By John Lundberg
My epiphany came on three occasions inside of a week...
Last summer Rod Dickinson and myself had agreed to let a reporter from a London radio station accompany us one night as we laid down a crop circle in a field somewhere in Wiltshire. The plan was to hit a field in the Alton Barnes area.
Having already located what we thought was a safe parking spot some distance from the field, we decided to drive past it whilst there was still some daylight, only to find a car already parked there. We drove on to a nearby garage to pick up some provisions, and then into Marlborough town centre for a drink, a think, and to wait for nightfall.
After a quick briefing on the construction of the formation in the car beforehand, we drove to what we hoped, by now, would be our empty parking space. Everything seemed okay, so we killed the lights and the engine, did a sharp right, and let the car ride to a halt before pushing it under cover. All the necessary equipment was unloaded and handed around, then we silently crept along the shadows towards our field.
Five minutes later, we nearly walked right into a car parked inconspicuously down the farm track we were following. We weren't sure if there was anybody in it, but didn't fancy hanging around to find out. So, back to our car we crept. All the time Ned from the radio station was whispering a running commentary into the rather bulky tape recorder slung around his neck.
We drove on to another field that we had previously chosen as a potential circles site. This time everything ran smoothly and the formation was soon underway. Part-way through the construction of the formation, there was a powerful burst of light; we all stopped, looked around, and after a bit of head scratching continued the formation. This was followed soon afterwards by an identical burst of light. I later described the experience as analogous to having a flash gun let off in my face, with the light momentarily blinding. Unfortunately, Ned's recording equipment was switched off at the time of the flashes, as he was helping us craft the formation.
Later that same week, Rod and I were out making another formation in the same area. During its construction in heavy rain, we both witnessed a series of bright flashes. Unlike the previous all-encompassing bursts of light, these emanated from behind the bushes at the edge of the field, and were accompanied by a loud crackling noise.
We carried on, assuming that it was some kind of electrical equipment, perhaps shorting out due to the heavy rain. I returned to the site in daylight to try and locate the source of the flashes, but found only trees and bushes.
Once more during the same week, I was out circlemaking with a friend in the same locale. After four hours in the field, as the formation was nearing completion, I was suddenly overcome by a strong sense of foreboding... shortly followed by a similar burst of light. Not wanting to chance a meeting with the source of the flashes, we left. I decided to make that my last formation of 1994. Earlier this year, we took another journalist out with us. During our conversations we described the flashes of light to him, but Andy initially seemed unconvinced. This is what he later wrote in his article for The Face magazine:
"About thirty minutes before, John had turned to me as we were a few feet away on the outer ring, 'Did you pick out that flash,' he asked, excitedly. 'No,' I told him, wondering if he was trying to spook me. Ten minutes later John asked again, nothing. Now I'm pacing the other side of the ring on my own and I get one. A bright flash that seemed to emanate from the back of my own retina. From nowhere at all in fact. I ran to where John is standing. 'You saw that one?' 'Yeah,' I say, though saw isn't the right word. Ten minutes later I pick up a second."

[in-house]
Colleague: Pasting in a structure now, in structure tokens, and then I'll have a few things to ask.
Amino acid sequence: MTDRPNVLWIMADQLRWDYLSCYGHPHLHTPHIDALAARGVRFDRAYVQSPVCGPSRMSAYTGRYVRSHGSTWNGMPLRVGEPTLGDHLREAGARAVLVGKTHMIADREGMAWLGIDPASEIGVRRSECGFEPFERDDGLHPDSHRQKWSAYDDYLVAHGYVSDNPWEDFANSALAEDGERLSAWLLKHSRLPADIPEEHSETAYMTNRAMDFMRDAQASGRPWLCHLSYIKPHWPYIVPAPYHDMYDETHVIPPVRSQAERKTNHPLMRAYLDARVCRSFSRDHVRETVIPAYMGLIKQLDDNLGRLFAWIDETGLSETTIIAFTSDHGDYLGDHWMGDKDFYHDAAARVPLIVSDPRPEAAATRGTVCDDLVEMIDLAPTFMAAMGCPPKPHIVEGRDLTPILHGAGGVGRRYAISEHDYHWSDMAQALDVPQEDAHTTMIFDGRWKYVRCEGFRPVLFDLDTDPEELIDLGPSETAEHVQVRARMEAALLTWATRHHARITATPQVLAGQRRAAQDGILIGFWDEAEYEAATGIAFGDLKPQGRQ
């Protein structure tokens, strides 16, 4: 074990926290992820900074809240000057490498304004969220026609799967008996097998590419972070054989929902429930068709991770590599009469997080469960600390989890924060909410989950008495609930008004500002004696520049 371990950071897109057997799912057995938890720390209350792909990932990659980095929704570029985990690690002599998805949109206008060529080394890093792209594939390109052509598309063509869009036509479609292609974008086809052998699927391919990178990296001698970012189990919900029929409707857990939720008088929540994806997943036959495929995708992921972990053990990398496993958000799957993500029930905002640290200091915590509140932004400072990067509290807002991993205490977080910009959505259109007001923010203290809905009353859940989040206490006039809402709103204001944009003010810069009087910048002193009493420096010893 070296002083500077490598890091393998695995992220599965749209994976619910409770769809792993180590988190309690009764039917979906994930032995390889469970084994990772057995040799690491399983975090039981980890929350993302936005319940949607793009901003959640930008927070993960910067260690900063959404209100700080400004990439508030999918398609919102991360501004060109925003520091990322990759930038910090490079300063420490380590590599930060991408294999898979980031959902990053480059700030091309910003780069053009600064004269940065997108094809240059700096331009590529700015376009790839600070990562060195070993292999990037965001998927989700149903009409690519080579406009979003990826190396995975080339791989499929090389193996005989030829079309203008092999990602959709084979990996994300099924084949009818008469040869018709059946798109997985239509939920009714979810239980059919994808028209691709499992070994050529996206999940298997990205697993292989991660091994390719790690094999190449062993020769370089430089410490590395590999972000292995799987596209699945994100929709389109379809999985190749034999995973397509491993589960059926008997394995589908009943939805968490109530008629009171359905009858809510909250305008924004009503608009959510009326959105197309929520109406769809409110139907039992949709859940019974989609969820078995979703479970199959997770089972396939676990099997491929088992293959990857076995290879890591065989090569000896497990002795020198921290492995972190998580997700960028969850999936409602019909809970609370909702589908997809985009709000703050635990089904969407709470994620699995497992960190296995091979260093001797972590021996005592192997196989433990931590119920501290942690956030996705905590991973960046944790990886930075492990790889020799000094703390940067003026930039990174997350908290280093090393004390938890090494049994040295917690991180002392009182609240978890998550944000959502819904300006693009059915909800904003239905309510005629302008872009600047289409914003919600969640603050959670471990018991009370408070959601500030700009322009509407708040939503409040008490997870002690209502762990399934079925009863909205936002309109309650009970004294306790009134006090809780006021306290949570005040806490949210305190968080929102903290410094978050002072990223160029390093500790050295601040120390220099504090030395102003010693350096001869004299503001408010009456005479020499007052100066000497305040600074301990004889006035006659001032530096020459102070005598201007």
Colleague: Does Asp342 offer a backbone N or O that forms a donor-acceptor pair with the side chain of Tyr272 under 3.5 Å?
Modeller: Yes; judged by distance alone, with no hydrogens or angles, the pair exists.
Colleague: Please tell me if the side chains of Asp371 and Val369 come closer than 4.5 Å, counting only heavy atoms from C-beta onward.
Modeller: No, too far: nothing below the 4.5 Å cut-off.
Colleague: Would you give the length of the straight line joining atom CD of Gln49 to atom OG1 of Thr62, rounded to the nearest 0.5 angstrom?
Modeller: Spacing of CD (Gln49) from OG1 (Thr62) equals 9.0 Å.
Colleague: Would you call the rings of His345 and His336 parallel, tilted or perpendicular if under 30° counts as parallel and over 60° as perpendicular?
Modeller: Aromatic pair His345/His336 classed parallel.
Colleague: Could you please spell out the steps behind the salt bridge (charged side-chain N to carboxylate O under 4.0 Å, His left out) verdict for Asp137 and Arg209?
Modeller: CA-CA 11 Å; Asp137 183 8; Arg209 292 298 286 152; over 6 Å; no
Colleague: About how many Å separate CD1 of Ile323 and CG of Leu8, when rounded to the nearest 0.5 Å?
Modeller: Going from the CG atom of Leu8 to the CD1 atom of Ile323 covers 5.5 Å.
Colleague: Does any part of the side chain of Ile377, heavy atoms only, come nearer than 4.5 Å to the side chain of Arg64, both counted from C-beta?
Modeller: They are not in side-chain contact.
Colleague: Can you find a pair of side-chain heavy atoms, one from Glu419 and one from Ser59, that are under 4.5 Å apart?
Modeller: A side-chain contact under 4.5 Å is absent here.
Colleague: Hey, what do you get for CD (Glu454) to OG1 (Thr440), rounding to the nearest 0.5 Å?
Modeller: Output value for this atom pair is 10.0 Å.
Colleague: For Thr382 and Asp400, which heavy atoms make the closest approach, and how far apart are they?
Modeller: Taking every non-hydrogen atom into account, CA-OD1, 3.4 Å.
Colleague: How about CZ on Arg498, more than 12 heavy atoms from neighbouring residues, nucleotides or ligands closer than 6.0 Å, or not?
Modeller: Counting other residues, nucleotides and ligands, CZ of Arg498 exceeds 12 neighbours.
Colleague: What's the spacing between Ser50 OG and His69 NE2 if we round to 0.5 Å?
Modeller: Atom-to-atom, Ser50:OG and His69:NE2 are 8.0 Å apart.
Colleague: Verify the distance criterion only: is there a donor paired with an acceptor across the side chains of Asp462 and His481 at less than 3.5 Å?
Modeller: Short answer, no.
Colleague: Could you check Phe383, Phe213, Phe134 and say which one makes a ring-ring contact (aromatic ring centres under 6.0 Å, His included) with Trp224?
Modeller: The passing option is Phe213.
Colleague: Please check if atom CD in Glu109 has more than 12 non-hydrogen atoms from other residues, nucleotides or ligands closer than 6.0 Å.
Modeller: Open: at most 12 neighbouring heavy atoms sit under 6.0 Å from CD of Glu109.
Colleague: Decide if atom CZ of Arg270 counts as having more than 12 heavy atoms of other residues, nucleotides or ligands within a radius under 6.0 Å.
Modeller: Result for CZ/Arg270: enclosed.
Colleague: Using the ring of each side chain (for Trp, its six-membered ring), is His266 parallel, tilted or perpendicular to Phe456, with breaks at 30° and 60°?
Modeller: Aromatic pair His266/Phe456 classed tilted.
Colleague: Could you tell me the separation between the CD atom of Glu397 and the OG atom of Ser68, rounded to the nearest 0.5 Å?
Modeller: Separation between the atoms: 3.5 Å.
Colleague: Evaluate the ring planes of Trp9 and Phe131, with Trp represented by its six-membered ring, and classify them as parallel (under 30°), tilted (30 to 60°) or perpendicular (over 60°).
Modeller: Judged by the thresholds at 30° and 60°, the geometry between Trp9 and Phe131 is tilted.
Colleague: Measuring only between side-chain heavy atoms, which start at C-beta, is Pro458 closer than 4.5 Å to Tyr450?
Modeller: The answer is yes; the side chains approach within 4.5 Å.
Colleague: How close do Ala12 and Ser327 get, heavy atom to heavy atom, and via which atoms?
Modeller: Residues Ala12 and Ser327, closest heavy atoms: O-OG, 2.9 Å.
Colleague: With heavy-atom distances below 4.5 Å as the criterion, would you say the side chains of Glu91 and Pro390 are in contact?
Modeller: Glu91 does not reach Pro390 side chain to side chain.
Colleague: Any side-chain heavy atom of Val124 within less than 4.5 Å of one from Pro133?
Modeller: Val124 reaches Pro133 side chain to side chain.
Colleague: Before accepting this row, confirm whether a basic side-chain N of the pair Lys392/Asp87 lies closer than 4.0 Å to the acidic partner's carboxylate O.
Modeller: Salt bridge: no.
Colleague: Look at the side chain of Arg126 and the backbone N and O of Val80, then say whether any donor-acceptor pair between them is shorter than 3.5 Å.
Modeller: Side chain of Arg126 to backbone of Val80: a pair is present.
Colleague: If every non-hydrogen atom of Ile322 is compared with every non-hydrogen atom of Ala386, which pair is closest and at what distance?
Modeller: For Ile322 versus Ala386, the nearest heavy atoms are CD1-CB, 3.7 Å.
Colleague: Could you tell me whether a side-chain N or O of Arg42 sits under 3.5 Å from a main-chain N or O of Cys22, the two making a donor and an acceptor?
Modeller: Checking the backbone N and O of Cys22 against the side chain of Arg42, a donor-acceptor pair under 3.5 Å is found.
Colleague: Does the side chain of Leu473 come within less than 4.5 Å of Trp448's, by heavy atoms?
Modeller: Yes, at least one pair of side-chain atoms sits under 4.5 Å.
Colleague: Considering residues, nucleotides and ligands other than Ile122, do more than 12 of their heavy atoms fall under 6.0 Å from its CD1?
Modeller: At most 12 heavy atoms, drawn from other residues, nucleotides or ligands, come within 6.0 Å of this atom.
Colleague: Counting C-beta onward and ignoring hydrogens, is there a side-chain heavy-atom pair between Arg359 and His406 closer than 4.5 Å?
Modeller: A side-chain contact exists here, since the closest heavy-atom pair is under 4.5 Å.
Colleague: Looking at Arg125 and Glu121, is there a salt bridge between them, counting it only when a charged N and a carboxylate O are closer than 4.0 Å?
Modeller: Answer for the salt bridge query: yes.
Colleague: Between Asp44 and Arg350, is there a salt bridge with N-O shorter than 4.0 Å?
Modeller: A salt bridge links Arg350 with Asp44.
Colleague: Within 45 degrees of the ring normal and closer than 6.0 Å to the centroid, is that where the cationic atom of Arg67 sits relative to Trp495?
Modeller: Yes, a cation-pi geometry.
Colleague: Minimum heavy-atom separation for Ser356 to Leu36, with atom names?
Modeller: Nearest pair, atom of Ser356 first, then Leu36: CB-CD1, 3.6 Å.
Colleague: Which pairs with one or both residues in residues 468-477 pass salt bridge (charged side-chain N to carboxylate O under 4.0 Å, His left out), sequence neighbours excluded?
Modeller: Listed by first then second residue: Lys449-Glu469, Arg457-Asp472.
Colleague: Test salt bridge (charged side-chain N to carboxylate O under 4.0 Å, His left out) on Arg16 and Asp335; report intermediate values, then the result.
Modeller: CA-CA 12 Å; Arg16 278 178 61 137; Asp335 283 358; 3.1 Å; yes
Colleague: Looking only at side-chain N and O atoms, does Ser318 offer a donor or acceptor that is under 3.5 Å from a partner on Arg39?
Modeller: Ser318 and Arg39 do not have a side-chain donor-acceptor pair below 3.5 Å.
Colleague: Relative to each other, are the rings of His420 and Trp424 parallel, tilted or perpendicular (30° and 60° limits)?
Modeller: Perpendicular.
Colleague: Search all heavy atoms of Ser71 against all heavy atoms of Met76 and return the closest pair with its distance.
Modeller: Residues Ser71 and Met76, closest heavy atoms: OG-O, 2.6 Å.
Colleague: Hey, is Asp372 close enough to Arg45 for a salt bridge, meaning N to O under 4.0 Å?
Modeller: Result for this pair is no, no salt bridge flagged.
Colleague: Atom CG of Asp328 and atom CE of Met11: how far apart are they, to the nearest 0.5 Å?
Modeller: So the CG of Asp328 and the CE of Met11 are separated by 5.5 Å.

The moral seems to be if you want to see something weird while making circles, take a journalist with you!
The circles have become signs and portents of our time, fuelling Millennial fever. They function as huge Rorschach tests writ large in the fields of southern England, deciphered according to the belief system of those who view the phenomenon.
I'm often asked why I make crop circles. It's a difficult question to answer, there are countless reasons for doing it. Being able to construct something that many people believe to be beyond human endeavour is certainly one.
The circles-prone area of Wiltshire could be referred to as a psychic landscape. The location of crop circles within this landscape is of great consequence. Seeing a formation put down in just the right place in relation to its surroundings adds an extra dimension to a formation; it becomes more than the sum of its parts. The proximity of many circles to established sacred sites, such as Avebury or Silbury Hill only adds to this sensation.
In 1991, Rob Irving described the crop circles as being "temporary sacred sites." Last year, we created a number of these. Many people visited them. Some came to meditate; some came to dance; others came to decipher, and still others came simply to view these huge "...cathedral-like floor plans." Numerous visitors reported a diverse assortment of anomalies associated with these sites.
I consider the circles we've put down to be genuine. There is no intention on our part to deceive.
Our work generates response, often from other circlemakers, and can sometimes act to catalyse a wide range of paranormal events. I still believe there is a genuine phenomenon, but I now also believe that we're a part of it.
Working backstage with the circles has allowed me to journey into the heart of an anomaly. It's been a real eye-opener, as well as providing a fascinating sociological insight. I certainly haven't got the whole picture yet - but I've got a much clearer one.
Photo by Steve Alexander: Avebury, Wiltshire, wheat, 328ft, 11 August 1994.